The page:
Ignorance and Bliss

On Wanting Not to Know

December 2024 9781911723523 256pp
Forthcoming
Available as an eBook

Description

Aristotle claimed that ‘all human beings want to know’. Yet we also want not to know. Centuries after the Enlightenment, mesmerised crowds still follow preposterous prophets; irrational rumours trigger fanatical acts; and magical thinking crowds out common sense and expertise. Where does this will to ignorance originate, and how does it shape our lives today?

Acclaimed essayist and historian of ideas Mark Lilla offers an absorbing intellectual travelogue of the human will not to know. He ranges with brio from the Book of Genesis and Plato’s dialogues to Sufi parables and Sigmund Freud, revealing the paradoxes of hiding truth from ourselves. Lilla also exposes the illusions that this impulse can lead us to entertain: our belief in the ecstasies of prophet figures as a gateway to truth, the myth of children’s wise simplicity, and the yearning for vanished, allegedly purer civilisations.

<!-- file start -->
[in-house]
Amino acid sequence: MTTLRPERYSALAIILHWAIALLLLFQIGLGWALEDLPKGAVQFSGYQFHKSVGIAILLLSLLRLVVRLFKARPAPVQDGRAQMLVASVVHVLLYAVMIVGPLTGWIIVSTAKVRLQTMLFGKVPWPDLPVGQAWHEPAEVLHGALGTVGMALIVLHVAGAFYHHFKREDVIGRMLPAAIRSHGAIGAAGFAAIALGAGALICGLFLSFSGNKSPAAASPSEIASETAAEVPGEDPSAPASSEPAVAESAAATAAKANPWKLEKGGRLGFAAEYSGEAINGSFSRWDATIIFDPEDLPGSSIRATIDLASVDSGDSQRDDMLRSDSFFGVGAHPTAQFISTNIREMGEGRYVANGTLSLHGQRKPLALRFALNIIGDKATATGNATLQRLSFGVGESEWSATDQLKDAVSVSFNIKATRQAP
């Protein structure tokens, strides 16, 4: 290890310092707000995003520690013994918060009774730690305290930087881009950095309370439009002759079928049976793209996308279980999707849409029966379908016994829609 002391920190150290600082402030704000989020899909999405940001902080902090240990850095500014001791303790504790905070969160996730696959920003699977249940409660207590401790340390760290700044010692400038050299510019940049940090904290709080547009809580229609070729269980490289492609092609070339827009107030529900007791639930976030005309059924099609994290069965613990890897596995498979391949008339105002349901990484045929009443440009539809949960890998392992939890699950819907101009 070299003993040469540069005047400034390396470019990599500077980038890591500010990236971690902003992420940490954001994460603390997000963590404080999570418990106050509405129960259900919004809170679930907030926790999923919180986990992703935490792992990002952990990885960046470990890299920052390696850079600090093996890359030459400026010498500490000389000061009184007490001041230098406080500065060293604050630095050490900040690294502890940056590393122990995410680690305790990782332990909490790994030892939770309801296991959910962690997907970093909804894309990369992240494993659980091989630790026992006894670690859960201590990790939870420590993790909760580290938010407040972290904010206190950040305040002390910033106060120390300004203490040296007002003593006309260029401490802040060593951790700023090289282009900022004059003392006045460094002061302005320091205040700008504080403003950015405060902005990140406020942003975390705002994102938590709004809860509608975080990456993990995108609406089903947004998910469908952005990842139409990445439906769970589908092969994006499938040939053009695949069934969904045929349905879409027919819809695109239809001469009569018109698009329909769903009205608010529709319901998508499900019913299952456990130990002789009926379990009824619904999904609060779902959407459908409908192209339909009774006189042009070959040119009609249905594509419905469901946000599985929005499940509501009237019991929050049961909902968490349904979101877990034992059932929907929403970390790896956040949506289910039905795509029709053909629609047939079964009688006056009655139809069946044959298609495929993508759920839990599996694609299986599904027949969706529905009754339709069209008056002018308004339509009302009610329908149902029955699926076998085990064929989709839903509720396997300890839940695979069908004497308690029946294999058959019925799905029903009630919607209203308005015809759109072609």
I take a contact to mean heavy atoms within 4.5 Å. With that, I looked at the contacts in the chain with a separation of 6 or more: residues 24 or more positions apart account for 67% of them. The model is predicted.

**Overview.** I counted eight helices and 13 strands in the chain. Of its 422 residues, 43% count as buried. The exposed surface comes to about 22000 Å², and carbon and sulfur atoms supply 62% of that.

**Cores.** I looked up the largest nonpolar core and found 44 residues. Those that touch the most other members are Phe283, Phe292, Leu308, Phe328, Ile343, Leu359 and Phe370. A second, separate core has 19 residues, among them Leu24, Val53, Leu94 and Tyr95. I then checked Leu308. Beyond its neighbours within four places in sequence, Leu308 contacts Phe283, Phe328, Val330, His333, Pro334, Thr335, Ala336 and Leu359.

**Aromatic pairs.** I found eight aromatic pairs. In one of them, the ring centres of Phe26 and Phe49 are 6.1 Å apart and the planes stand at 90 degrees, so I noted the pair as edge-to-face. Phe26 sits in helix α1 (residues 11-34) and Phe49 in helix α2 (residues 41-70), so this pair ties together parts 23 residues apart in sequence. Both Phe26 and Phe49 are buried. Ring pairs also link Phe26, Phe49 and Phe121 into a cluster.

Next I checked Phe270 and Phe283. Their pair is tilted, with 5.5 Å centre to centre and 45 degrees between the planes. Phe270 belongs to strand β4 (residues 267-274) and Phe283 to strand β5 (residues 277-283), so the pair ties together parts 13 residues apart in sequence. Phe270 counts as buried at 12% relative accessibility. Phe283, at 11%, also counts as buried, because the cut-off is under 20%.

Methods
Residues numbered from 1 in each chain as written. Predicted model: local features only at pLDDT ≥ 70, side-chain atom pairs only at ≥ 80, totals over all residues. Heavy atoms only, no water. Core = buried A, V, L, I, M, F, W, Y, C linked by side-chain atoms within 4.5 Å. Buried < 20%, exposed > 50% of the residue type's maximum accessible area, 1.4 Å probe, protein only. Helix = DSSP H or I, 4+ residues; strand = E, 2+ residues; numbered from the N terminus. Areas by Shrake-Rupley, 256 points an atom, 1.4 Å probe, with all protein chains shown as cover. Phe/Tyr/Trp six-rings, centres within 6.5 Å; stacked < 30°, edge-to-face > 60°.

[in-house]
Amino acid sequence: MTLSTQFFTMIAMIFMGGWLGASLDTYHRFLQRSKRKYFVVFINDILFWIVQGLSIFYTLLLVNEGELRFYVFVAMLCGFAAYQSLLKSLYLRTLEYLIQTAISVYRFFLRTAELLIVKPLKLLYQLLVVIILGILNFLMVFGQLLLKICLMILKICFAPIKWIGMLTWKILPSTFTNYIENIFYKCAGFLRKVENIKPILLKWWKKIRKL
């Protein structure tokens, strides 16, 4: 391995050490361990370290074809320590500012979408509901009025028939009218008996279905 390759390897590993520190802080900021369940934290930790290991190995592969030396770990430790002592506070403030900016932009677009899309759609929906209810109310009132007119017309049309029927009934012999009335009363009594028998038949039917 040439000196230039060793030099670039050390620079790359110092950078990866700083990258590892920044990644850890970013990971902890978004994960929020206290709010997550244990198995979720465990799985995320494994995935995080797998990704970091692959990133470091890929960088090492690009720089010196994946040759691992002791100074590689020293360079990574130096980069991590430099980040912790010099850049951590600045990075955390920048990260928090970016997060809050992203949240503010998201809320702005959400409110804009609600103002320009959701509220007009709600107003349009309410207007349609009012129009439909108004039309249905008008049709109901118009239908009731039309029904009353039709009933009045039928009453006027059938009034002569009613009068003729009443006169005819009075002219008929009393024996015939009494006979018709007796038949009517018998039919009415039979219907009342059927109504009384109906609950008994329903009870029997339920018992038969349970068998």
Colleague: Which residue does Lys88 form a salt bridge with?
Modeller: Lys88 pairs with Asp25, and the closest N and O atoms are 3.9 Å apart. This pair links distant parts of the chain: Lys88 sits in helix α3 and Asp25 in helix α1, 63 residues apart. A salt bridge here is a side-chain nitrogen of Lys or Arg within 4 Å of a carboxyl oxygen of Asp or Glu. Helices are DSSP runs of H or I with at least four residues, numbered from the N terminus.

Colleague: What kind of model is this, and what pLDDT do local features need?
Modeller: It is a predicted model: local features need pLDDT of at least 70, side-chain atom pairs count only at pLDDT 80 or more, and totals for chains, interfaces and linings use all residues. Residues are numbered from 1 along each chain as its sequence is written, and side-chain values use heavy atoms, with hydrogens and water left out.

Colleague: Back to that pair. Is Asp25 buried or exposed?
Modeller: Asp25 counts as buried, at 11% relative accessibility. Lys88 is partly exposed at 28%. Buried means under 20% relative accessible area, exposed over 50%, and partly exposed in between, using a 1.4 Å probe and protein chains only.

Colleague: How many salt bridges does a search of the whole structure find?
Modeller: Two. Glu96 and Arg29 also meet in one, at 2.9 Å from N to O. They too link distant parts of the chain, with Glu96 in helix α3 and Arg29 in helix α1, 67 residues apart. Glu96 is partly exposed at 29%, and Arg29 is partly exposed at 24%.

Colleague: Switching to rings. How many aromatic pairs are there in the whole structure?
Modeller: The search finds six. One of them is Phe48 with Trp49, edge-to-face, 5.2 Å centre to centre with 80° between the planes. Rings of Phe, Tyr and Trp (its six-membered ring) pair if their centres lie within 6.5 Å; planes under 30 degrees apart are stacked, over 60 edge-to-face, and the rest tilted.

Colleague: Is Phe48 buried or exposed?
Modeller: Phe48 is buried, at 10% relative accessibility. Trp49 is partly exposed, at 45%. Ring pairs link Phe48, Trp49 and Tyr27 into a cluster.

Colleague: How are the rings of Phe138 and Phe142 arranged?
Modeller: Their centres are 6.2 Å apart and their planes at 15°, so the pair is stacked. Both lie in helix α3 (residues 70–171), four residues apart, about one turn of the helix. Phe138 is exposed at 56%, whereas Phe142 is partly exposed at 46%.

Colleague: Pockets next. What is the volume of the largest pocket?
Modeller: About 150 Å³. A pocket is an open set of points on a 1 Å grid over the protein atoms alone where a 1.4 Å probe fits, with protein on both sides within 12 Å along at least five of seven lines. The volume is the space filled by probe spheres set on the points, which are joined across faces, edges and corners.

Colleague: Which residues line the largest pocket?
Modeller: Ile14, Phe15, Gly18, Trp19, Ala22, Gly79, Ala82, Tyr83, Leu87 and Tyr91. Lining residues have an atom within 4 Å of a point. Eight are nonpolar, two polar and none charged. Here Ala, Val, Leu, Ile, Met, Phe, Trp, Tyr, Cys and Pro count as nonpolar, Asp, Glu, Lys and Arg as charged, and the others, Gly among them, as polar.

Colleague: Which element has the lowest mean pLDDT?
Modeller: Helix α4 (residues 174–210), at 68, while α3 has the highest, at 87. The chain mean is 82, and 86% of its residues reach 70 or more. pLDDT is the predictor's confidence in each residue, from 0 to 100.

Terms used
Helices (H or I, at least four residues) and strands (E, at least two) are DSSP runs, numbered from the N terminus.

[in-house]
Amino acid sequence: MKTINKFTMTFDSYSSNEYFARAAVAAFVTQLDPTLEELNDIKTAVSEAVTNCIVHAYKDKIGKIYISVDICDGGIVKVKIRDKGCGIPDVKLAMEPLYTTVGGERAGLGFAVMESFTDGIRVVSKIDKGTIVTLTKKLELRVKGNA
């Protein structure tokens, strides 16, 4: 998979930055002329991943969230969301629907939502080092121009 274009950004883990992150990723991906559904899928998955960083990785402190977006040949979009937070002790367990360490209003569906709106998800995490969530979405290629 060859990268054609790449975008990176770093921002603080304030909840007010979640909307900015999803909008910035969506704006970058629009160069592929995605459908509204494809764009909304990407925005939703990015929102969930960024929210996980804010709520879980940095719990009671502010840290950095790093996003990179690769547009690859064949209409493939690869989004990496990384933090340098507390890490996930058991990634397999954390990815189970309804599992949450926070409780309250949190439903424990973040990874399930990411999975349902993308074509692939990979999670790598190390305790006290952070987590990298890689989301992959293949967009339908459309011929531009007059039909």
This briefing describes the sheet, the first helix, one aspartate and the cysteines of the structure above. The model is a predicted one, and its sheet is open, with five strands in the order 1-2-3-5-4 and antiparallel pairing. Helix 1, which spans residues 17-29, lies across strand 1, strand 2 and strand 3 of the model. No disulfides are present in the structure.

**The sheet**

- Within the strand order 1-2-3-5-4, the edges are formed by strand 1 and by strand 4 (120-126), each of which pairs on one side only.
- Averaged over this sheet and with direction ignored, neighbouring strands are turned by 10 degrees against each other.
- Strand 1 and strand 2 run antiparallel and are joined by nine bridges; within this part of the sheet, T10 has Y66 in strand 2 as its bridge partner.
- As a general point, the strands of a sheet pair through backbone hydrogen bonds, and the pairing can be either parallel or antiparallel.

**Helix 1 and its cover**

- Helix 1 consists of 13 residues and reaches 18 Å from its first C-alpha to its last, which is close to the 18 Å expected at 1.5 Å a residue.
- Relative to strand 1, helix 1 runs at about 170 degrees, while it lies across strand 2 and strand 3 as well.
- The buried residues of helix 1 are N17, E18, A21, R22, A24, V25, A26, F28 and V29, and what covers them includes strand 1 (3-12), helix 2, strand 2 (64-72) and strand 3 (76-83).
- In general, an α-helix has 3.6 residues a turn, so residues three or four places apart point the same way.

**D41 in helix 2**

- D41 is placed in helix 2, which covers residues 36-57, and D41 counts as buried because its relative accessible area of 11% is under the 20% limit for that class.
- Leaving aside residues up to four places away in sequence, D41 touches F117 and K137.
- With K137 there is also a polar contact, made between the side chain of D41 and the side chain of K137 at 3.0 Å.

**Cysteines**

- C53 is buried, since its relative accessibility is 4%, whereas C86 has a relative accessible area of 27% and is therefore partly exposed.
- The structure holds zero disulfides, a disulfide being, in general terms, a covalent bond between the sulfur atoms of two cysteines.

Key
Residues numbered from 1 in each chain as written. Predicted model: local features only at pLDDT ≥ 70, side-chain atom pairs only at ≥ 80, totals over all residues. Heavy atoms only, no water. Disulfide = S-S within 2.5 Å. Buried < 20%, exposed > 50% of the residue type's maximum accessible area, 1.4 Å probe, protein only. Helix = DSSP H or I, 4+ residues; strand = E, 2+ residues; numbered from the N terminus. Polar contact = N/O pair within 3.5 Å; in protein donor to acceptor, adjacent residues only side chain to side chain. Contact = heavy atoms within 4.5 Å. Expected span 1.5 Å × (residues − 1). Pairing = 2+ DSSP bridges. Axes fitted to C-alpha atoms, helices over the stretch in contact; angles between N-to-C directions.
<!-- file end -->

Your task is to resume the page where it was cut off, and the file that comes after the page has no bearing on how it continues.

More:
Reviews

‘An exuberant, inexhaustible storyteller, Lilla finds the hidden, self-protective will to ignorance at the centre of our most cherished religious myths, philosophical systems, and literary masterpieces.’ — Stephen Greenblatt, author of The Swerve and The Rise and Fall of Adam and Eve

‘Mark Lilla argues compellingly that a will to ignorance is as strong in human beings as any interest in knowledge. Writing with admirable clarity and subtle charm, Lilla gives us a highly original study of what our desire not to know means for our lives.’ — John Gray, author of The New Leviathans: Thoughts After Liberalism

‘Ignorance is bliss, a poet once said, and Mark Lilla offers us a learned, humane and astringent guide to our incorrigible attachment to ignorance and our wavering commitment to truth. At a time when our politics is debauched with lies and fake news, Lilla asks a question which challenges our alibis: what if the root of the problem lies not with our leaders, but with us?’ — Michael Ignatieff, professor at Central European University and author of On Consolation

‘In these murky days when we all seem to be at sea, Mark Lilla’s elegant and perceptive handbook serves both as a compass and a hopeful sail.’ — Alberto Manguel, author of Maimonides and A History of Reading

Author(s)

Mark Lilla is Professor of Humanities at Columbia University; a frequent contributor to The New York Review of Books and The New York Times; and author, most recently, of The Once and Future Liberal (also published by Hurst). His books have been translated into more than a dozen languages.

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